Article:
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riesgo climático

U.S. Moves Forward on Financial Regulation to Mitigate Climate Risk

Publicly traded companies will soon have to disclose what actions they are taking to mitigate climate risk.

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Regulators in the U.S. financial system are working on new regulations to manage and mitigate climate risk in an effort to incorporate risk management from rising temperatures into U.S. financial regulation.

In February, Treasury Secretary Janet Yellen established a unit within her Department to assess potential risks to the financial sector due to climate change and, in addition, to study possible tax incentives aimed at mitigating carbon emissions in the U.S. economy, headed by Sarah Bloom Raskin.

The Office of the Comptroller of the Currency —a unit of the Treasury Department charged with overseeing national banks and savings and loan institutions operating in the United States— is working on guidance for lenders to assess and mitigate potential financial risks from climate change.

climate risk
The Treasury Department, headed by Janet Yellen, studies potential climate risks for the U.S. economy. (Image: EFE)

“Climate change poses an existential risk to society and the associated financial risks pose safety and soundness risk to banks. To safeguard trust, banks and regulators must begin to take action now,” said the current Comptroller of the Currency, Michael Hsu.

For its part, the Federal Reserve (FED), headed by Jerome Powell, created two entities to incorporate climate risk into banking regulation: the Financial Stability Climate Committee, focused on establishing the regulation that will prevail for the financial system, and the Climate Oversight Committee, which will be in charge of supervising the cases of particular institutions.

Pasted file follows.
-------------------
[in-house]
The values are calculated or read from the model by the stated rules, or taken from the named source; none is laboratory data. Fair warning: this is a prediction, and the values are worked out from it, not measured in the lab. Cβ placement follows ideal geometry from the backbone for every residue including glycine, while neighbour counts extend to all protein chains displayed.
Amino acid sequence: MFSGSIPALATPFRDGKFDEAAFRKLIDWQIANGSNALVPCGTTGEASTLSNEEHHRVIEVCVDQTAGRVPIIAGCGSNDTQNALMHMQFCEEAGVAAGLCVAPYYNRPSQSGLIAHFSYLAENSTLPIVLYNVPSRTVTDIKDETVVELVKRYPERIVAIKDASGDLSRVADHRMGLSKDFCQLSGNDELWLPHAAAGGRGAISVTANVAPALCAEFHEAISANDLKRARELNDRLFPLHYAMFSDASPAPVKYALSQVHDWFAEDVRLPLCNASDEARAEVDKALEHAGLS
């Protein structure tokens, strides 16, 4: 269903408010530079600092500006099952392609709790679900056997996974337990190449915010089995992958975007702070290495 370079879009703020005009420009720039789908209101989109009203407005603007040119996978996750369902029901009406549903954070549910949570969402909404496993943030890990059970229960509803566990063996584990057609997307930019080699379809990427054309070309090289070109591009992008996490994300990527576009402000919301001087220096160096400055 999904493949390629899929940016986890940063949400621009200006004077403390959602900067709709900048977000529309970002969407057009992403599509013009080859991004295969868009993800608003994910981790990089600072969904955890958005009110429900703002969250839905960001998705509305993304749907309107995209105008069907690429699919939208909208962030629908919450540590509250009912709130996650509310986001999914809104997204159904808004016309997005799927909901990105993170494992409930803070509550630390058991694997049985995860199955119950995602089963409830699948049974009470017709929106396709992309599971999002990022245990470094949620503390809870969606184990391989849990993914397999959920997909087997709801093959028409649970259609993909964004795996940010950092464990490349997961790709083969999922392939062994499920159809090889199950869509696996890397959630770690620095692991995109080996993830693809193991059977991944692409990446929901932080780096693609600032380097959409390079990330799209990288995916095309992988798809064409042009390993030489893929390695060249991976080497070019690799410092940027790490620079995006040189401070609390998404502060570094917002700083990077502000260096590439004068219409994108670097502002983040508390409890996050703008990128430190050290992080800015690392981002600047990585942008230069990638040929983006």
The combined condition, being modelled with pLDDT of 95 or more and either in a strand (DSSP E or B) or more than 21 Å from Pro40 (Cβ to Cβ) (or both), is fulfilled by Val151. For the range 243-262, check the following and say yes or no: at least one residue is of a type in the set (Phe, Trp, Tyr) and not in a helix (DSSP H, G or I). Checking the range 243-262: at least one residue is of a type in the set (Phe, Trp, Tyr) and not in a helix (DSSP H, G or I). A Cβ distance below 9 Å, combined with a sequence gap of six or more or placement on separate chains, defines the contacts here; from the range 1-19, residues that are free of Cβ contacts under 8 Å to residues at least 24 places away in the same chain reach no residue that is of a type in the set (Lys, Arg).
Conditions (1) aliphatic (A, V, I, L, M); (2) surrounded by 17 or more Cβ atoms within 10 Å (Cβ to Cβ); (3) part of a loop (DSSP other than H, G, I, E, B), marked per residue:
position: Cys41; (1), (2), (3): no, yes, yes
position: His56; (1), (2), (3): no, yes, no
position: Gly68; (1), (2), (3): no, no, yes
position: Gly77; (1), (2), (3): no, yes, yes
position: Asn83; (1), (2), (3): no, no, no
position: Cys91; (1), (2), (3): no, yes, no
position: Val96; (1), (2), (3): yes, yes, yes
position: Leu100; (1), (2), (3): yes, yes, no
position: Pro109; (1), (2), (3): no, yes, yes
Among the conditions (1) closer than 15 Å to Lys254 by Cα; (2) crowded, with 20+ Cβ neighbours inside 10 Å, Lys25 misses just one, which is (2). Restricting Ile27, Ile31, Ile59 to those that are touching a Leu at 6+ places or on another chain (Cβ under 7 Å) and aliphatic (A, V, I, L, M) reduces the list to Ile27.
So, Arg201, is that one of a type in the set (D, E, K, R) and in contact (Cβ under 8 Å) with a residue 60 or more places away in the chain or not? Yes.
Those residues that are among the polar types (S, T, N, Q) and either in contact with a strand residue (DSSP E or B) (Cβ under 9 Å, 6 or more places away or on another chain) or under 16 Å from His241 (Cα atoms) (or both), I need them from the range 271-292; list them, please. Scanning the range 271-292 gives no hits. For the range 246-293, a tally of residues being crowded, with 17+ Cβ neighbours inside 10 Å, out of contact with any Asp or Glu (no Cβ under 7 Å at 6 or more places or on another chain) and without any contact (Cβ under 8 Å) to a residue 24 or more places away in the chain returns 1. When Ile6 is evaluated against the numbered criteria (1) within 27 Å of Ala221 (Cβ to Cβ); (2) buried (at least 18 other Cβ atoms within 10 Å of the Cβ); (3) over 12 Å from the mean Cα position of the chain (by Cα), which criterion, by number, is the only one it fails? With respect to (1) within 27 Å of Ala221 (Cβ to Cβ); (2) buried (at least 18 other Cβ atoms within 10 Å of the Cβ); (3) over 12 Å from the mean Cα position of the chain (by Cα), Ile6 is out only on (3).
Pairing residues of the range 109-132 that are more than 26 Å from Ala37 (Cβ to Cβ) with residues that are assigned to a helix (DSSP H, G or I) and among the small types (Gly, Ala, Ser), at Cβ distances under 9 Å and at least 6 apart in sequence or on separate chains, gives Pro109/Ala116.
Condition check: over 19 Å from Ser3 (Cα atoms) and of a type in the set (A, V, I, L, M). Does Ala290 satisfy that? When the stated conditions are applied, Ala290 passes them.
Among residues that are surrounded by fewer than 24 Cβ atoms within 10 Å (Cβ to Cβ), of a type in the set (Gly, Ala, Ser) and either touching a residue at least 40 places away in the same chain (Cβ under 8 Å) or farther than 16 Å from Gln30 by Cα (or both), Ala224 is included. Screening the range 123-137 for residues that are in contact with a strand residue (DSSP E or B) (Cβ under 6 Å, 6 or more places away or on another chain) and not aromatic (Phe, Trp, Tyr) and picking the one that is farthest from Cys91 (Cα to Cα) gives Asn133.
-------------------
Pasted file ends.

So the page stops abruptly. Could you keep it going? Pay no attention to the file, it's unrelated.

The FED has also asked banks and other financial institutions to provide information on the actions they are taking to mitigate climate risks within their balance sheets.

Securities and Exchange Commission (SEC) Chairman Gary Gensler confirmed that the regulatory body is considering introducing new climate risk requirements in publicly traded companies’ annual financial performance reports.

climate risk
Under Jerome Powell, the FED has established two committees to regulate climate risk mitigation in the financial sector. (Image: EFE)

Publicly listed companies will soon have to disclose what actions to mitigate climate risk they are taking, as well as their exposure to legal, environmental and social changes stemming from climate change. “Today, investors want to understand the climate risks of the companies in which they hold shares,” Gensler said during a webinar.

Although financial regulators are making progress in establishing formal guidance for managing and assessing climate risk, much of the financial sector has already made progress on its own in assessing these risks, and from commercial banks such as Goldman Sachs to consulting firms such as Deloitte have their own guidelines for assessing the issue.

Coastal cities such as Miami, which are potentially vulnerable to climate change, have begun to develop plans to mitigate climate risk, such as large drainage systems to prevent the growing cost in material losses caused by increasingly frequent flooding.

As temperatures rise, both governments and the private sector have begun to take measures to mitigate climate risks, measures that could diametrically affect the way they do business and the future of many industries.

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